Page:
Rubin believes that titles like the long-anticipated “Marvel Powers United VR” (which he said is still due out this year), the unannounced game from developer Respawn, and a few other titles — including “Stormland” — are the sorts of games that will push VR into that transitory phase.
“Software does sell hardware,” he said. “This is a device driven by its content.”
Initially, Oculus focused on filling the pipeline, ensuring that there was enough of that content to both attract buyers and to keep them entertained once they owned an Oculus Rift. But recently that need to deliver new content to a new sort of device has waned. In its place came the desire to master the art of VR game design and deliver bigger, better, more realized experiences.
“We have seen in the past year a radical change,” Rubin said. “People are not saying, ‘What’s the next thing? There’s nothing out there.’ Now they’re saying, ‘There is so much great stuff coming out, I don’t know what to do next.’”
With its fourth game, Insomniac has learned that in virtual reality, sometimes less is more. Delivering story, for instance, doesn’t have to come at the cost of player agency, with major plot points arriving in movie-like cinematics that wrest control away from the player.
“We stay in first-person from start to finish,” Dezern said. “As we have developed games in VR, we have learned to lean more on player agency. We do use some cinematic devices that send objects and set pieces to you, but we never do a hard cut.”
The team also worked hard at giving players a multitude of ways to get around. Movement in VR turned out to be one of the trickier aspects of game development. The disconnect between real-world movement and a virtual reality that tricks your brain into thinking you’re moving can lead some to feel nauseous.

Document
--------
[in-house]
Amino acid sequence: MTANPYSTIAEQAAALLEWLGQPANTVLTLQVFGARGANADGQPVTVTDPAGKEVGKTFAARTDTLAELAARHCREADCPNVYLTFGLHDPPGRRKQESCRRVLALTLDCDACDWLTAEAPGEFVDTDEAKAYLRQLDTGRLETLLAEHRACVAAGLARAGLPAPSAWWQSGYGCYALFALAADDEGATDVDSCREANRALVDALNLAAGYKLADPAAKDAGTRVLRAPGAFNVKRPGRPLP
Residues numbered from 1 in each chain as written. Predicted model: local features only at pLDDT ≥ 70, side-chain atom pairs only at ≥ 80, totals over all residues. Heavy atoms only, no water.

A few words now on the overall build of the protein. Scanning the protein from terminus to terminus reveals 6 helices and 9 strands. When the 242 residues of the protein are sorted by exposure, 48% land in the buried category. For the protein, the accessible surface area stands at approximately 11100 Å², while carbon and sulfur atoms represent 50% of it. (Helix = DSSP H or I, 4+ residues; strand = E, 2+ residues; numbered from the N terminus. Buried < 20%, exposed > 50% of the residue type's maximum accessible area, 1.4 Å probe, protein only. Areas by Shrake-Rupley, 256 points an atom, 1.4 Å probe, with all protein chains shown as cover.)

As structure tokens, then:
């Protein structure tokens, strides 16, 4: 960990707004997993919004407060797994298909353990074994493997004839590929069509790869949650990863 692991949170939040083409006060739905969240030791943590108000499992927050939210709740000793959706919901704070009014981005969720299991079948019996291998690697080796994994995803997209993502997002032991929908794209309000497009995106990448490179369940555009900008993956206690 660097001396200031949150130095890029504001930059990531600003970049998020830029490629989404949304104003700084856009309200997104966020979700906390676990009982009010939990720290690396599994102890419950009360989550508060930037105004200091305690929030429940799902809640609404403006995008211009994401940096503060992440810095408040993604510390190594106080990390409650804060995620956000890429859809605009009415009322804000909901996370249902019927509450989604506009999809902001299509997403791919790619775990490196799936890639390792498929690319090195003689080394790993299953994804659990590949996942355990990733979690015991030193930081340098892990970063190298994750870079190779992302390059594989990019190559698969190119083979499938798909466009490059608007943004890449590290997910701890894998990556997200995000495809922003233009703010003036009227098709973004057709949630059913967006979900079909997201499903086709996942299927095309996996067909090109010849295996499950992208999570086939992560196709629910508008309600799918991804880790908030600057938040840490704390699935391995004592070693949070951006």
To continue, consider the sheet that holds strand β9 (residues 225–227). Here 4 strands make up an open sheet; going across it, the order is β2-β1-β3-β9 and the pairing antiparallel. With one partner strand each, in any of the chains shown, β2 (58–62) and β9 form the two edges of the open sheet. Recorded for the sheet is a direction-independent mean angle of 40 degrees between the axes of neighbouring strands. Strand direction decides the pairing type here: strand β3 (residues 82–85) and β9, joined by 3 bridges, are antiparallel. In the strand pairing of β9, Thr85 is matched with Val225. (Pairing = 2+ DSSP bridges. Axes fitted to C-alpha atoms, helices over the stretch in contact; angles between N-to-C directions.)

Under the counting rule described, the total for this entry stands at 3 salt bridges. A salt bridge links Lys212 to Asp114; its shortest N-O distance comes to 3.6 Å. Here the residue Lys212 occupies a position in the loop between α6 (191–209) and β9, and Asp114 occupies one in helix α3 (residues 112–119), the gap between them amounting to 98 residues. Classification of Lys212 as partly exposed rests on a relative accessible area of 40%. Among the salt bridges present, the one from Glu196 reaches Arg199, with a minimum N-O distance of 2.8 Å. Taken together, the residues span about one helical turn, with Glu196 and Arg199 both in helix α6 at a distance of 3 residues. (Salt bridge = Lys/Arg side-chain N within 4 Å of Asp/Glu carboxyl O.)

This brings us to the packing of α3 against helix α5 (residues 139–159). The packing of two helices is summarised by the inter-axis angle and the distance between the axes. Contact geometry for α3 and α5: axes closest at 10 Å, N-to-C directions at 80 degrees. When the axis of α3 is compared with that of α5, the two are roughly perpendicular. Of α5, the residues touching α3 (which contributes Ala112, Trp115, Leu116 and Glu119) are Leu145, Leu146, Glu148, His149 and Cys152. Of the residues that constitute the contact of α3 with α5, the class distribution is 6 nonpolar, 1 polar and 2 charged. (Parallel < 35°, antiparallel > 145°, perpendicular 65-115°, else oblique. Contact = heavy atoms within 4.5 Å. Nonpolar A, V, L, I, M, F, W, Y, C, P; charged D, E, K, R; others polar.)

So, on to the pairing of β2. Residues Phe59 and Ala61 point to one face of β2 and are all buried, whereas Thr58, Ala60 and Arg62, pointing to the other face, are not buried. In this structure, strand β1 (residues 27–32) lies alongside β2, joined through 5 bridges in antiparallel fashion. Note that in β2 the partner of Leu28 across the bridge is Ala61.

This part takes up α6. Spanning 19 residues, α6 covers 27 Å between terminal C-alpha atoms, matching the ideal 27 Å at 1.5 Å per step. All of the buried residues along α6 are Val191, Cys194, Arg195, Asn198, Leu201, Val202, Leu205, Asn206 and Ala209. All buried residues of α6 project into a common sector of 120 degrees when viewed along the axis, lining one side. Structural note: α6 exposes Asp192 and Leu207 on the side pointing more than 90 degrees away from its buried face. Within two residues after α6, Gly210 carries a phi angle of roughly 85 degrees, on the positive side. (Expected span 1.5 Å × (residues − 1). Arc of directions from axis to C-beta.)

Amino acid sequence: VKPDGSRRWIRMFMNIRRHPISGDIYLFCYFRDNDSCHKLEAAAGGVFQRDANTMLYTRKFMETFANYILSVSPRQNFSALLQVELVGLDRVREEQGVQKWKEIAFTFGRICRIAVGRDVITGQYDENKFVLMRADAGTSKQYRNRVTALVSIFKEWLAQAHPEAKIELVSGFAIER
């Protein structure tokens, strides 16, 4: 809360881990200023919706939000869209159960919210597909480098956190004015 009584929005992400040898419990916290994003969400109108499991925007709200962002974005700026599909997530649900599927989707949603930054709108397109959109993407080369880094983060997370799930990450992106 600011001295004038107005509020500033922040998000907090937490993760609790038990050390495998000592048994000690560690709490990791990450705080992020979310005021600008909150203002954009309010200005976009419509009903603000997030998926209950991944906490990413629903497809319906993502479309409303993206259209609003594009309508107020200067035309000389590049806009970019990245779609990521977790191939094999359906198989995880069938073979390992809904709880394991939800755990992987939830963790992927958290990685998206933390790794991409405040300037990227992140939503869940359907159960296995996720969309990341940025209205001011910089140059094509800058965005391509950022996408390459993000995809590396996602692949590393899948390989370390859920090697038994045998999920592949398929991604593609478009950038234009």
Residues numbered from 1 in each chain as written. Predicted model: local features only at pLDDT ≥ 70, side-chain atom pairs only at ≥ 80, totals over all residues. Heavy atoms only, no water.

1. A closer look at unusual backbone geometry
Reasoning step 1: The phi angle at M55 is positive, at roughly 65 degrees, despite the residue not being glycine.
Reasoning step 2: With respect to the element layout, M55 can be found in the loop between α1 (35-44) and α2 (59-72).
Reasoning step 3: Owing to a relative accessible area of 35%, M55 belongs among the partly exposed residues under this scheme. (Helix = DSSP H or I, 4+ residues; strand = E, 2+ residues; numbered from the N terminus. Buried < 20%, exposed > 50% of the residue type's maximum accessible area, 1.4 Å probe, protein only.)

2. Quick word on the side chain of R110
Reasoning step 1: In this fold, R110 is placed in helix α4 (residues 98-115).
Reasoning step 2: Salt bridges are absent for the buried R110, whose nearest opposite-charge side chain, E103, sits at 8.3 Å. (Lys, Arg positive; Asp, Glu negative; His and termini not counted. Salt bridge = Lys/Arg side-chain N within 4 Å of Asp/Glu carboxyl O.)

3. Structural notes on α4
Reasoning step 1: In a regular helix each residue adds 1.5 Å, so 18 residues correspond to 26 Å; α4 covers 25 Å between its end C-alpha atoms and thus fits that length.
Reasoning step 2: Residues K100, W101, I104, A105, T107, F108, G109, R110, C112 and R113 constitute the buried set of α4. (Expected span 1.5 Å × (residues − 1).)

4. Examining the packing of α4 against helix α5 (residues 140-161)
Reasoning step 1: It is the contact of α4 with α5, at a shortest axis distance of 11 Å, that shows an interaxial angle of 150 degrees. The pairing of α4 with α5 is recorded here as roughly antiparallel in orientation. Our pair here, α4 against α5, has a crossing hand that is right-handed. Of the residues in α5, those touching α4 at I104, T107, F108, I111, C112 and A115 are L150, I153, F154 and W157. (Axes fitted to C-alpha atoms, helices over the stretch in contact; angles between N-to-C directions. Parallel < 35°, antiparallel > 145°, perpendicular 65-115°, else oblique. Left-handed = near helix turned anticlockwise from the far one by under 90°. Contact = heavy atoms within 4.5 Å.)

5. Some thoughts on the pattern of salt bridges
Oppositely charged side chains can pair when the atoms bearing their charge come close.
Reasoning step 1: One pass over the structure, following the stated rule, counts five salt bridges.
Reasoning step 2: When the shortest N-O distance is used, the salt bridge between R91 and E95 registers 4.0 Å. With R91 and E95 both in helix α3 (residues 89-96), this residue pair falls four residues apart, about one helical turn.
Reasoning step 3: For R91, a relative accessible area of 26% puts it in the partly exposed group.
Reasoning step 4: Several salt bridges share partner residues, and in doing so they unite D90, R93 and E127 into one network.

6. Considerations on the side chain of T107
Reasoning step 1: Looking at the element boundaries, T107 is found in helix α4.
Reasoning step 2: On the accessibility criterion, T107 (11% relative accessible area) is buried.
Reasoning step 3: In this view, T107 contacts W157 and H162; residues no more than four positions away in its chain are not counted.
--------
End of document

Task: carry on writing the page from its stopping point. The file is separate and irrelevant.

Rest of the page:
”Stormland” does let players freely walk around its open world with the use of the Rift controllers. Specifically, players use the thumbsticks to move. But there are plenty of options to allow a player to fine tune that movement.
The game also allows the player to leap into a drop and glide around the world. But the movement the team seemed to spend the most time working on was climbing.
In “Stormland,” the android is moving up through a series of cloud seas, essentially levels of floating islands adrift in clouds. “When you travel up the Stormland, you enter in this cloud sea populated by islands,” said lead designer Mike Daly. “Each island has new equipment, powerful enemy ambushes, something to discover about the world. As you go out and explore, you have to get this, ‘Just one more island’ hook. You are continually moving up. There are things you have to do on each layer of the cloud sea.”
In creating the way players climb, the team started with a deliberate sort of movement that was hand-over-hand, but soon they realized players could also just fling themselves up rock faces.
Daly said the more meticulous climbing is sort of like having a vertical 3D terrain to navigate.
“You’re not restricted to any one plane,” he said. “The ability to move precisely in any direction opens up all sorts of new shapes to explore.” For instance, players can crawl into and out of crevices or tunnels on a rock wall, he said.
“Stormland” will also support multiplayer and is built to be essentially perpetually playable.
Daly said they haven’t figured out just how many people can be in one instance of the game, but they know it will support at least two.
“We’ve found that the game plays best when players can coordinate with each other,” he said.
The game is designed in a way that allows the program to piece together elements of islands to create new levels because the team wanted to create a game that “sustains a player’s interest perpetually,” Daly said.
While the game does have an obvious story, it also has a sort of meta-story that strings players along as they try to unravel the mysteries of the world they’re in.
“There is sort of a much longer story arc that people get,” Daly said.
Dezern said he’s looking forward to showing off “Stormland.”
“It is the culmination of so many things, a universe we love crafting, a story we love telling, building on systems we’ve been wanting to bring to the world,” he said. “It’s a world that changes every single week, so you have new playgrounds to get around in.”